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We are all set. Let us trigger the build now.

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If everything goes smooth and build is succeeded, then we should be able to see the image getting created and store into ACR repository. Login to your azure portal and verify the container image has been generated.

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Creating the pipeline using Step-By-Step process generating azure-pipelines.yml file

If you are using step-by-step procedure instead of Visual designer, then you should select the repository from the below screen.

new-pipeline

Select the location of your repository. If you are using github, then you need to use OAuth to authorize azure devops project to connect to your github. If you are using Azure git repo like mine, then you just need to select the repo.

repo_selection

Select ASP.NET template for the pipeline since we are going to build ASP.NET MVC app.

select-pipeline

Once you are done, it will create the build definition, queue it and then execute it. This will also create azure-pipeline.yaml file and upload it in your git repo which is a template containing series of steps that will be executed as part of the build.

define_azure_pipeline

Once the build is executed, you will be able to view the build summary. Unfortunately, the build has failed and I will come to that issue shortly.

edit_build_pipeline

Now, it is important to understand that the build is suppose to create docker images and the azure pipeline should have access to ACR. If you remember, we have stored the ACR user name and password that will be used by docker. Keeping that in mind, we need to rename the azure-pipelines.yml file to azure-pipelines.acr.yml file.

update_pipeline_name

We also need to add dockerId and dockerPassword in the variables section of the file. Value of dockerId will be ACR username and value of dockerPassword will be ACR password from ACR access keys.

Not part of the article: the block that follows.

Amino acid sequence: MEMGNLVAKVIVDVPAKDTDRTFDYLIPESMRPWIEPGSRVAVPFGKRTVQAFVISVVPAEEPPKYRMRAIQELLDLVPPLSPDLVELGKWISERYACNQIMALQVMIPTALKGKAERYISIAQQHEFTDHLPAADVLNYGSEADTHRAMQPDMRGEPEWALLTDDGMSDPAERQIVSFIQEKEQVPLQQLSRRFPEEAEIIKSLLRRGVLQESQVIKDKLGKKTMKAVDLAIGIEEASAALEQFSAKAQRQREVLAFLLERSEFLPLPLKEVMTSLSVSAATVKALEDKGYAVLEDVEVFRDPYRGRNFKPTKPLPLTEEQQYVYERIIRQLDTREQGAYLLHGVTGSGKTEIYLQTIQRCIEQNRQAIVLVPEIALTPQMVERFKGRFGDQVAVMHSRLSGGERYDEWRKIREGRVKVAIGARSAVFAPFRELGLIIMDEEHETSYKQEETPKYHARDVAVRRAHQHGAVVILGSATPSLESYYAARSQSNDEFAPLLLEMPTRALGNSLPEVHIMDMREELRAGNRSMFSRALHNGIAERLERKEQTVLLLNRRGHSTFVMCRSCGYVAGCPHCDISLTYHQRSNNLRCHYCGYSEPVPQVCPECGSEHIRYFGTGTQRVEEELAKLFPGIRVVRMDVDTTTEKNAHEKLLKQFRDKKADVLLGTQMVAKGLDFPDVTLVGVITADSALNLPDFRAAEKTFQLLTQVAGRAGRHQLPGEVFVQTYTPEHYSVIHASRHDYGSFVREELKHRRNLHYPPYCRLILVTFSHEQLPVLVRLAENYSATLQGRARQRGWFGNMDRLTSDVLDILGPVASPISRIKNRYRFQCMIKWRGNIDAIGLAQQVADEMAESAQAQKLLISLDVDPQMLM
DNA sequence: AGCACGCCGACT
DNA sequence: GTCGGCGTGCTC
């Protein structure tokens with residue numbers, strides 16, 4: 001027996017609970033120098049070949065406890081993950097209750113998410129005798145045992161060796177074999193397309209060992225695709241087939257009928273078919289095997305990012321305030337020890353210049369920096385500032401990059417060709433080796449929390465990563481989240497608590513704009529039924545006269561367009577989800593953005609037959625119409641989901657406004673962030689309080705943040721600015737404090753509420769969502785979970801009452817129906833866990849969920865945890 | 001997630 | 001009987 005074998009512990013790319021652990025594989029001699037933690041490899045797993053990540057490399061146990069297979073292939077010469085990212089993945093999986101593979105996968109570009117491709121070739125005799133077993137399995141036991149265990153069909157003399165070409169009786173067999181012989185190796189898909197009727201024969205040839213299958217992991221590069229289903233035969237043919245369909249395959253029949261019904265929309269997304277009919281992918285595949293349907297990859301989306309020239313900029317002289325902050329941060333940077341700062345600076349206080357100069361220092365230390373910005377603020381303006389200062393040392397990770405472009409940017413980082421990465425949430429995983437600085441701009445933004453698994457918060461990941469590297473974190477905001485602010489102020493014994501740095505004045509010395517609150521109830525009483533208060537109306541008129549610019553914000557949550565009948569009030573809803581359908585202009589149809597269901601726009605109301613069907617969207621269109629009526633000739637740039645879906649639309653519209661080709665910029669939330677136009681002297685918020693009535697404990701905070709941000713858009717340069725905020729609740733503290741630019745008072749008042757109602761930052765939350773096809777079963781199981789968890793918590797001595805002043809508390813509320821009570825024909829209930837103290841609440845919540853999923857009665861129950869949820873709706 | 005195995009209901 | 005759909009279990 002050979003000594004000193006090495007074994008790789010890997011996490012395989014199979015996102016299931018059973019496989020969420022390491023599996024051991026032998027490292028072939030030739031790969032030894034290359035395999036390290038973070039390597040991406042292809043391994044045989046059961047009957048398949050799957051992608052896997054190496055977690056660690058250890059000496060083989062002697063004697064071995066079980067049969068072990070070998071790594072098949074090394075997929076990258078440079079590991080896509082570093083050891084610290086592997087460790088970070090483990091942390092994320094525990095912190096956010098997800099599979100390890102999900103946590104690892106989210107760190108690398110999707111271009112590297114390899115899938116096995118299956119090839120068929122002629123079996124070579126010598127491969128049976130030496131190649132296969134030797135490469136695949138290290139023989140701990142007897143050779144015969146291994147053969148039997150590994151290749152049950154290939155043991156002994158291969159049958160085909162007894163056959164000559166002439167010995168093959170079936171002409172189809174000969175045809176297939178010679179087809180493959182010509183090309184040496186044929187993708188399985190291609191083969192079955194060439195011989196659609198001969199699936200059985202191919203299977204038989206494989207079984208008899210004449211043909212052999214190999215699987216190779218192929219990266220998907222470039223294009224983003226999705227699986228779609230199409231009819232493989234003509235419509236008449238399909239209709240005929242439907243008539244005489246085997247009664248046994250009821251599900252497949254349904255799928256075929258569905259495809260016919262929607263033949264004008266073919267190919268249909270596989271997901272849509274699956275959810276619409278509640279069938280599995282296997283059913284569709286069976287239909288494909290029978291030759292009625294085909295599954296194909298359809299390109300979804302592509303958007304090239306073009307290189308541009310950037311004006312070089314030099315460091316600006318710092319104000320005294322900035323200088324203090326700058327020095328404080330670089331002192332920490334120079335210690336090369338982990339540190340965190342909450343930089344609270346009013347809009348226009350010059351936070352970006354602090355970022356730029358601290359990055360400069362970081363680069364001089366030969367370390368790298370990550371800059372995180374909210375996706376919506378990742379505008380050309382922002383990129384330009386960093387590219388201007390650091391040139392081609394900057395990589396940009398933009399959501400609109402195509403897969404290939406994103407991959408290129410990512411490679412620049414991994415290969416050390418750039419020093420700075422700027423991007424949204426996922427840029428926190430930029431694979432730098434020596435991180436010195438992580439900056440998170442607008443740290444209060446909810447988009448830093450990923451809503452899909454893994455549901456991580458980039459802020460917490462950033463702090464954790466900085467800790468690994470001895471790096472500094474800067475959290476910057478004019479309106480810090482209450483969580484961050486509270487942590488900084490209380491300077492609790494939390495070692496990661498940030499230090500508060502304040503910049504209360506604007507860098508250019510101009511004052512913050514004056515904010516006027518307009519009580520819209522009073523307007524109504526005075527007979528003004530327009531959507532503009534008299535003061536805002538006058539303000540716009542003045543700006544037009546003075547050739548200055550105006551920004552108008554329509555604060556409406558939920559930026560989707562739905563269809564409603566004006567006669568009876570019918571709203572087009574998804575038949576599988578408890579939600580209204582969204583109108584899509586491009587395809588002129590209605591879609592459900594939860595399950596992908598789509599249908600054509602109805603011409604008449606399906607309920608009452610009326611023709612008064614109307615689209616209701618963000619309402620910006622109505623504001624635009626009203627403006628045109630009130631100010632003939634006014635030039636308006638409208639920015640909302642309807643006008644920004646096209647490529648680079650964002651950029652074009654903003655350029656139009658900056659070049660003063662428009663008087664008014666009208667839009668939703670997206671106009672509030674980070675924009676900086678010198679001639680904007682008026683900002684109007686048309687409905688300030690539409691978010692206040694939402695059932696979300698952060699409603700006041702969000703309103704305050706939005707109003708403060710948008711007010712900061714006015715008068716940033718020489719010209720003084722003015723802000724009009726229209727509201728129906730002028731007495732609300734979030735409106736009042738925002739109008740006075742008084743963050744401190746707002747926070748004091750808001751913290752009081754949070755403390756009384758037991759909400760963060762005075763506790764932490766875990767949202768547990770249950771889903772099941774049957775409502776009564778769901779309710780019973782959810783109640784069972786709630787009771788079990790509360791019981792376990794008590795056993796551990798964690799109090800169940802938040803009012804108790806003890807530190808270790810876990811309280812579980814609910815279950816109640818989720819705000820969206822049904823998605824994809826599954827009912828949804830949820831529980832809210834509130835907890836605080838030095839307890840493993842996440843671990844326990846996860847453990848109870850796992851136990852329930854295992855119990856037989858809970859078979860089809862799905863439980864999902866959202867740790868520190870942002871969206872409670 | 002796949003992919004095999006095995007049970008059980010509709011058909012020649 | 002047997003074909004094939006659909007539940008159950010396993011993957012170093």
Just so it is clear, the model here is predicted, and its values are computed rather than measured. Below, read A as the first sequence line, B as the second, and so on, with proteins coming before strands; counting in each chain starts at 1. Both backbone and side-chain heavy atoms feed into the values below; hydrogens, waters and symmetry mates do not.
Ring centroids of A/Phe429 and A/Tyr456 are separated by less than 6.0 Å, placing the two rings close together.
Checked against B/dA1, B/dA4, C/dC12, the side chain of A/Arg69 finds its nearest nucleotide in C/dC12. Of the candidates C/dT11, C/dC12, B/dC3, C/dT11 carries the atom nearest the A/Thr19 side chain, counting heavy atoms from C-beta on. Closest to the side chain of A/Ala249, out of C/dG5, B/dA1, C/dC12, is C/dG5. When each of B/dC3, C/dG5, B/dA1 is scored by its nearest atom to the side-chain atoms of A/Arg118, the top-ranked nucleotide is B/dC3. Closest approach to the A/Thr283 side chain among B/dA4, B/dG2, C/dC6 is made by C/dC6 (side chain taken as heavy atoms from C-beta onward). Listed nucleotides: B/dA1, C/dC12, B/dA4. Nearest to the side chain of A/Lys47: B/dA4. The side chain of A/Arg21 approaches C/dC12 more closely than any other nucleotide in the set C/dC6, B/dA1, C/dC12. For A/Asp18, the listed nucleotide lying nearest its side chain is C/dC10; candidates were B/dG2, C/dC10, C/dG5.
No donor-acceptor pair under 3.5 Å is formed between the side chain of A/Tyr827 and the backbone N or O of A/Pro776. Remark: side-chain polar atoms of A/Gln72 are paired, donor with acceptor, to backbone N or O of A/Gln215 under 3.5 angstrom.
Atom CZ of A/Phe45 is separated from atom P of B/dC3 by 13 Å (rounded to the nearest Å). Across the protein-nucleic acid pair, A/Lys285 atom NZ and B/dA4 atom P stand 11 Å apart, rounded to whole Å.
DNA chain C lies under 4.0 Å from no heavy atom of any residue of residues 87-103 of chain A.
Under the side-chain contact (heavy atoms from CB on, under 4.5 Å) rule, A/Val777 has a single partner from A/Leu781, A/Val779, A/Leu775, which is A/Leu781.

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When you save the file and commit it to git, it will automatically trigger the CI build.

queue_build

Unfortunately, I am finding an issue while executing the VSBuild task. Here is the issue.

pipeline_build_error

After various attempts and taking help from different forums, I have found that the issue is happening since we have the Packages folder in our repo. Since, NuGet Restore is happening during the build process, it is finding the packages folder and creating issues here. You might also face the same issue and hence do keep in mind that it is not with related to any missing dll or library references. In order to resolve this issue, you can either delete the packages folder from the repo or rename it. NuGet Restore will automatically generate the packages folder and add all the dependent libraries there. After this fix, I was able to run the build successfully

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So far so good. we were able to run the build.

 

Update your azure-pipelines.acr.yml with the following information building and pushing docker image to the container registry.